Recently, I serendipitously came across a passage in a book by archetypal psychologist James Hillman called The Force of Character and the Lasting Life, one that speaks about this potential peril of the path:

Memoirs, autobiography, and the deep investigations of long term psychoanalysis probably shouldn’t be touched before sixty. Yet kids in high school are asked to write about their memorable experiences and extract a lesson learned. Their therapies review their childhoods, which ended scarcely five years prior; their bull sessions and chat rooms focus on family difficulties and influences. Premature life review produces inflated subjectivity, not character, the empowerment of one more big fat “me” graduating from high school into a world that, already crowded with expanded egos, rather needs the modesty and reticence of the apprentice embarking on an adventure (91).  

Bearing this in mind, it would seem that Enneagram teachers need to employ skillful means in our instruction to the under-thirty crowd. We need to know when self-observation coupled with knowledge of type is truly useful to our student or client and when it is developmentally inappropriate and potentially detrimental to the evolving soul.  In my experience, younger people can use the Enneagram in three non-skillful ways.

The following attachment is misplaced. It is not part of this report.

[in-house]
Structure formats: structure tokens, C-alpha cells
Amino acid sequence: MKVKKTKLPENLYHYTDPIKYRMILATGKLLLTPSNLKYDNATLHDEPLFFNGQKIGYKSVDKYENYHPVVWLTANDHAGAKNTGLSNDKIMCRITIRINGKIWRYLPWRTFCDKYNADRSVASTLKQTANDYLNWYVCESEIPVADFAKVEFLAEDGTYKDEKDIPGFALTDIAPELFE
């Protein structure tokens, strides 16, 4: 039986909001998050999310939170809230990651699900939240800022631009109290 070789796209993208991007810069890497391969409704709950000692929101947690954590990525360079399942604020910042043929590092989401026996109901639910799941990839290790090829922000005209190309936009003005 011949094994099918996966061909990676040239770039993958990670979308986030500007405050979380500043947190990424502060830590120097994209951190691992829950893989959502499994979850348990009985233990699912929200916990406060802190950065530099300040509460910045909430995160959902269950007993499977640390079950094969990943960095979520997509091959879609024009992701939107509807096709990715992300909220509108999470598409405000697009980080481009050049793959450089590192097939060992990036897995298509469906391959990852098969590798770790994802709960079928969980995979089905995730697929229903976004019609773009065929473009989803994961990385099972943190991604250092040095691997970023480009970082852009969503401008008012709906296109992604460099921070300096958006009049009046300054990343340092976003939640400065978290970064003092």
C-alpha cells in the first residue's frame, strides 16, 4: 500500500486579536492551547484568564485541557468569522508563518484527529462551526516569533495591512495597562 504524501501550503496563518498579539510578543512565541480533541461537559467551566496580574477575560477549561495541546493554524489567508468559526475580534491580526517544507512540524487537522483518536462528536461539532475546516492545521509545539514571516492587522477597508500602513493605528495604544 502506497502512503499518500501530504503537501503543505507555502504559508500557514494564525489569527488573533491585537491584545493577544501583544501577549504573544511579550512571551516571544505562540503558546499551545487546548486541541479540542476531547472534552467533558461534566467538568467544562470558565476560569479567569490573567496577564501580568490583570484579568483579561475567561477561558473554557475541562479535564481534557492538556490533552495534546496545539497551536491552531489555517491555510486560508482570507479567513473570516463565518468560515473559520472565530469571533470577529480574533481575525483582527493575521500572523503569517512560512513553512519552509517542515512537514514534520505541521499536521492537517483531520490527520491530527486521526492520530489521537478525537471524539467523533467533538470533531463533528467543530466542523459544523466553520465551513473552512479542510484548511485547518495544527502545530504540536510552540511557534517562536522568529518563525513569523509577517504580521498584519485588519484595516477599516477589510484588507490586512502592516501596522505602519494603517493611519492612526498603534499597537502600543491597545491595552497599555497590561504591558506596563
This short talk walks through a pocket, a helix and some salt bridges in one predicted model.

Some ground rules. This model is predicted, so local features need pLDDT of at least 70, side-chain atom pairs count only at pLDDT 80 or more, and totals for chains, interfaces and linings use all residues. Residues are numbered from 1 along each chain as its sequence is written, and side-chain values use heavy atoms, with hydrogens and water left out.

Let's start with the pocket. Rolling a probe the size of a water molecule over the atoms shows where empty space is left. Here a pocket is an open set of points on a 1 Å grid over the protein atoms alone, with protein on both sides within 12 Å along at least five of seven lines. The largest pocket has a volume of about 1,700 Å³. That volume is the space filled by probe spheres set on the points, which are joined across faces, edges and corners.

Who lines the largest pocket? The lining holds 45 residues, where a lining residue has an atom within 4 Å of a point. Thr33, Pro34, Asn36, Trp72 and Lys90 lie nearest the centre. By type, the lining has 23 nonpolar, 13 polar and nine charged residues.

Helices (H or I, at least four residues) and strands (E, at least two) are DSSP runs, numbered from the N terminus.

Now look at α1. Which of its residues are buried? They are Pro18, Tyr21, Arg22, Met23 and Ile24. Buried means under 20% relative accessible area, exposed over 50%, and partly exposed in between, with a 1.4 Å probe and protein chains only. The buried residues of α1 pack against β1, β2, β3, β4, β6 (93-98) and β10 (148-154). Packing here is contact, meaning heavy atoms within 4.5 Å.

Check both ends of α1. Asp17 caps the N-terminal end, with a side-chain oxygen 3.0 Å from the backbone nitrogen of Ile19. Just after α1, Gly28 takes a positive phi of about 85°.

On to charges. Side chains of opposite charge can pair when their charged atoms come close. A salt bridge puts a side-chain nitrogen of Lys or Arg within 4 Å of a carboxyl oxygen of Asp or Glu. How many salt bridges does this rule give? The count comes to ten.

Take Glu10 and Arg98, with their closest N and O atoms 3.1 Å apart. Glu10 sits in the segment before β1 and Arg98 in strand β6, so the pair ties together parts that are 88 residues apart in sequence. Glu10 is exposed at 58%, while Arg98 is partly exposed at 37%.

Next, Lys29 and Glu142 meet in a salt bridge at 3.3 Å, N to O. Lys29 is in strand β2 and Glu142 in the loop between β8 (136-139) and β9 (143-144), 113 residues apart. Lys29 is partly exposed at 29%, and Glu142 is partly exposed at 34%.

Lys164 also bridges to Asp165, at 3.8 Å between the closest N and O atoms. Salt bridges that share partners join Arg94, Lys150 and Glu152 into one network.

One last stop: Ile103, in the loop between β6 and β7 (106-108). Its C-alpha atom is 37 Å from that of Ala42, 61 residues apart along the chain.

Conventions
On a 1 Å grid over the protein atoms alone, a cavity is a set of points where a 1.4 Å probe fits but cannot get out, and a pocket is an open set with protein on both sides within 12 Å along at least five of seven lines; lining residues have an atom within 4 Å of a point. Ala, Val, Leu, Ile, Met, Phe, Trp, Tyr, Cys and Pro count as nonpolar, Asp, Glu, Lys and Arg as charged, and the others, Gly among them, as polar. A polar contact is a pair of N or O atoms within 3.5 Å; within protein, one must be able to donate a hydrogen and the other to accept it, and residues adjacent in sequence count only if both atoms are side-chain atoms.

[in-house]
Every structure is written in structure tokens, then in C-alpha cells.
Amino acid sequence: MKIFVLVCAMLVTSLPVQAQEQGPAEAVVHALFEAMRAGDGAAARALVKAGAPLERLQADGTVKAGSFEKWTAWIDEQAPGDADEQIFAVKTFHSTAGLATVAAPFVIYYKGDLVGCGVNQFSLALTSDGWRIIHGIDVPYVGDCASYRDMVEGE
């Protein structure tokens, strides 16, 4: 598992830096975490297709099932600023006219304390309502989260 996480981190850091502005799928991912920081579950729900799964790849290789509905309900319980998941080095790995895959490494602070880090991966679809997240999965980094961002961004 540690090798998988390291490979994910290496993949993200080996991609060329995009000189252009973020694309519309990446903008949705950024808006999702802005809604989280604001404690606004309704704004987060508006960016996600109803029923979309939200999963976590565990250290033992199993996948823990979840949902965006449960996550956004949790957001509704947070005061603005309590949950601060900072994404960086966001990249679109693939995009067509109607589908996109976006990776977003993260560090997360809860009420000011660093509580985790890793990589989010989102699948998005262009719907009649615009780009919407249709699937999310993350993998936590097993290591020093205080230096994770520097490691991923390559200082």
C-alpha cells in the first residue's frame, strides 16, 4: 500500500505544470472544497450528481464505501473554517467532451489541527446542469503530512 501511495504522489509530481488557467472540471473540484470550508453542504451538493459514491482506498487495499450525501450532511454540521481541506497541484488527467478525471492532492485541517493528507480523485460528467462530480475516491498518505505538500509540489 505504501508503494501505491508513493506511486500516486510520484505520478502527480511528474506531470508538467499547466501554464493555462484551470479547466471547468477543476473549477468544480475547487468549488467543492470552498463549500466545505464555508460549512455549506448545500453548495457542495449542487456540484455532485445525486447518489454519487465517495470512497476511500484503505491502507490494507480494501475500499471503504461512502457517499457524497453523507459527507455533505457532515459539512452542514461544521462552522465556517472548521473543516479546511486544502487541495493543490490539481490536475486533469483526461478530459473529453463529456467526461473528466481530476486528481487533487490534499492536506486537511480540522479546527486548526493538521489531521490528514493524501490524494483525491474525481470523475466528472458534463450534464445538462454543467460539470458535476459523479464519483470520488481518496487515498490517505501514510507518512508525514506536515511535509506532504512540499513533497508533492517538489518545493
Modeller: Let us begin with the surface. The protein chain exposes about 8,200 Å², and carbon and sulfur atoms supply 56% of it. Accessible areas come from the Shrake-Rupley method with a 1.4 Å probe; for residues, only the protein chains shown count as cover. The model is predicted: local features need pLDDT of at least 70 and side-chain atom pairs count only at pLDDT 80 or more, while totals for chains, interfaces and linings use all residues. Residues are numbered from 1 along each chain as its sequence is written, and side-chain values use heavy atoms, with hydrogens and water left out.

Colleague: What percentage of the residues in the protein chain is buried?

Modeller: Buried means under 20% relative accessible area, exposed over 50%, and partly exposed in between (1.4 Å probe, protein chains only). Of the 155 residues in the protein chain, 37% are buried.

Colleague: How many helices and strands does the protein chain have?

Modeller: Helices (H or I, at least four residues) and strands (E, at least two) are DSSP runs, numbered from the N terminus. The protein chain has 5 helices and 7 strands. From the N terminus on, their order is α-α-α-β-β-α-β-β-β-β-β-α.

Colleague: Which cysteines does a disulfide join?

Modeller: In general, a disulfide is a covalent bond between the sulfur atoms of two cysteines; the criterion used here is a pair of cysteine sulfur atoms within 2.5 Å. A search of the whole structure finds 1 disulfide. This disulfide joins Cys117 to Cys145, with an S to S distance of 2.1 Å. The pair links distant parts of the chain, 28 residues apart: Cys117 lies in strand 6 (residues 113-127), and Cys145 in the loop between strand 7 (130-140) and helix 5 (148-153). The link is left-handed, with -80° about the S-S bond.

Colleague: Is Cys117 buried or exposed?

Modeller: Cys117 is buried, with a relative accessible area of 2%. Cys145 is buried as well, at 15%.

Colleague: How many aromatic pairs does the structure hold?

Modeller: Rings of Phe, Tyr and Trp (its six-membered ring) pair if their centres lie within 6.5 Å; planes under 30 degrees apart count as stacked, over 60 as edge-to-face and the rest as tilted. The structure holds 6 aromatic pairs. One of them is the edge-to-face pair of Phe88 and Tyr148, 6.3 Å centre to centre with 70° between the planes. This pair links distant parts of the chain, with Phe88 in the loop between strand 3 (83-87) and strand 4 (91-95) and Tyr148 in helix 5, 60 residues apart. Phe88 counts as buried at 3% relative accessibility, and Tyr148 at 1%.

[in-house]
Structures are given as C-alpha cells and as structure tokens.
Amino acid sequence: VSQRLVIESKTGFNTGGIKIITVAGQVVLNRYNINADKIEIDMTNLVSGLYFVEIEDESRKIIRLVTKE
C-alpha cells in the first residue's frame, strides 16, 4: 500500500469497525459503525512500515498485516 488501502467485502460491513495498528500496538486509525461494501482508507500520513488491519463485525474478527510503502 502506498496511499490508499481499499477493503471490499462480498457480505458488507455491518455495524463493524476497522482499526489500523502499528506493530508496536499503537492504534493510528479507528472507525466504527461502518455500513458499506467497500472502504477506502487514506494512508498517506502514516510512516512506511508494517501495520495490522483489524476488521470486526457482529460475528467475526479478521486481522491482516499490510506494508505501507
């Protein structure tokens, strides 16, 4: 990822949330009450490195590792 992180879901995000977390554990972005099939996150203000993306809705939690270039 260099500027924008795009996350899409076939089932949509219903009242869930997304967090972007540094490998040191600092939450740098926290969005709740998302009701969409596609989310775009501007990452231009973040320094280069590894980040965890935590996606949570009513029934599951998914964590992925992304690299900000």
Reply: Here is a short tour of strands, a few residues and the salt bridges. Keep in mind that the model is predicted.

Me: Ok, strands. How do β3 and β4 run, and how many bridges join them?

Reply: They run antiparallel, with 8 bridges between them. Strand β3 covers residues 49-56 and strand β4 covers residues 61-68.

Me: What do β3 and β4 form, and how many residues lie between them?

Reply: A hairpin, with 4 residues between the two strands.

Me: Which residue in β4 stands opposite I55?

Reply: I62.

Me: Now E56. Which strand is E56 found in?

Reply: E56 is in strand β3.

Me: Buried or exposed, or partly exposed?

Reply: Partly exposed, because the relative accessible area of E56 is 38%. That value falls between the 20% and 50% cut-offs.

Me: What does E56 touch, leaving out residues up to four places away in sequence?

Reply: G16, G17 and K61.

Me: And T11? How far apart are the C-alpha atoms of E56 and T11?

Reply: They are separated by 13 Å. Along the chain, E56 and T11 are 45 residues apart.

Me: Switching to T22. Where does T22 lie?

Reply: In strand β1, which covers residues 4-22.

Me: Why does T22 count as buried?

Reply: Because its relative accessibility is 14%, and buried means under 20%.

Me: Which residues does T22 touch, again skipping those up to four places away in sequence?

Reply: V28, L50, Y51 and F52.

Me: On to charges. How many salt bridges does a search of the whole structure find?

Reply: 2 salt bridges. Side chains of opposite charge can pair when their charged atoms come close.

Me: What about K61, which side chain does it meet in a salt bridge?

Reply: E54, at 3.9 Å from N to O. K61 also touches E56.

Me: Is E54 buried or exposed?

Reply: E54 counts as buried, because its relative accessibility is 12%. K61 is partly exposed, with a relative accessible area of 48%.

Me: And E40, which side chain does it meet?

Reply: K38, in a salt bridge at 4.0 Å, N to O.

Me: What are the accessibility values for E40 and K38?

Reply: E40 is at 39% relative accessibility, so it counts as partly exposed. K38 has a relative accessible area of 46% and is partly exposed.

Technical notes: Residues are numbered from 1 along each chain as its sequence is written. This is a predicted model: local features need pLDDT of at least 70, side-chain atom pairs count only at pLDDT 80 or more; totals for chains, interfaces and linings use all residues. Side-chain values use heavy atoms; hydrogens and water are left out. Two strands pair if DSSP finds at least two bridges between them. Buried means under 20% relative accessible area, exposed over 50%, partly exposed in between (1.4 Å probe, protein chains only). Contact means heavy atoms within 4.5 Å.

Peril #1: The first peril has to do with using study and practice of the Enneagram in order to consciously or unconsciously avoid engaging in normal, age appropriate, tasks and goals. To give a simple example, a college student might need to study for her final exams or the GRE, but instead is so taken with the Enneagram system and its depth, power, and beauty that instead she reads Enneagram books, and is busy processing herself and others. She writes about her insights in her journal, talks incessantly about the wonders of the system with her friends over meals, in the car, at the gym, and on her walks. She tries to type her best friend, her parents, and even some of her teachers.  Perhaps the young woman signs up for an Enneagram workshop on her Spring Break rather than spending time building her relationship with her new, and first real boyfriend.  More significantly, she begins to view people and situations only through the lens of the nine types and their issues, thereby diminishing rather than augmenting her ability to appreciate and navigate through the complexities and ambiguities of life. No doubt the reader can come up with numerous examples of this kind of behavior.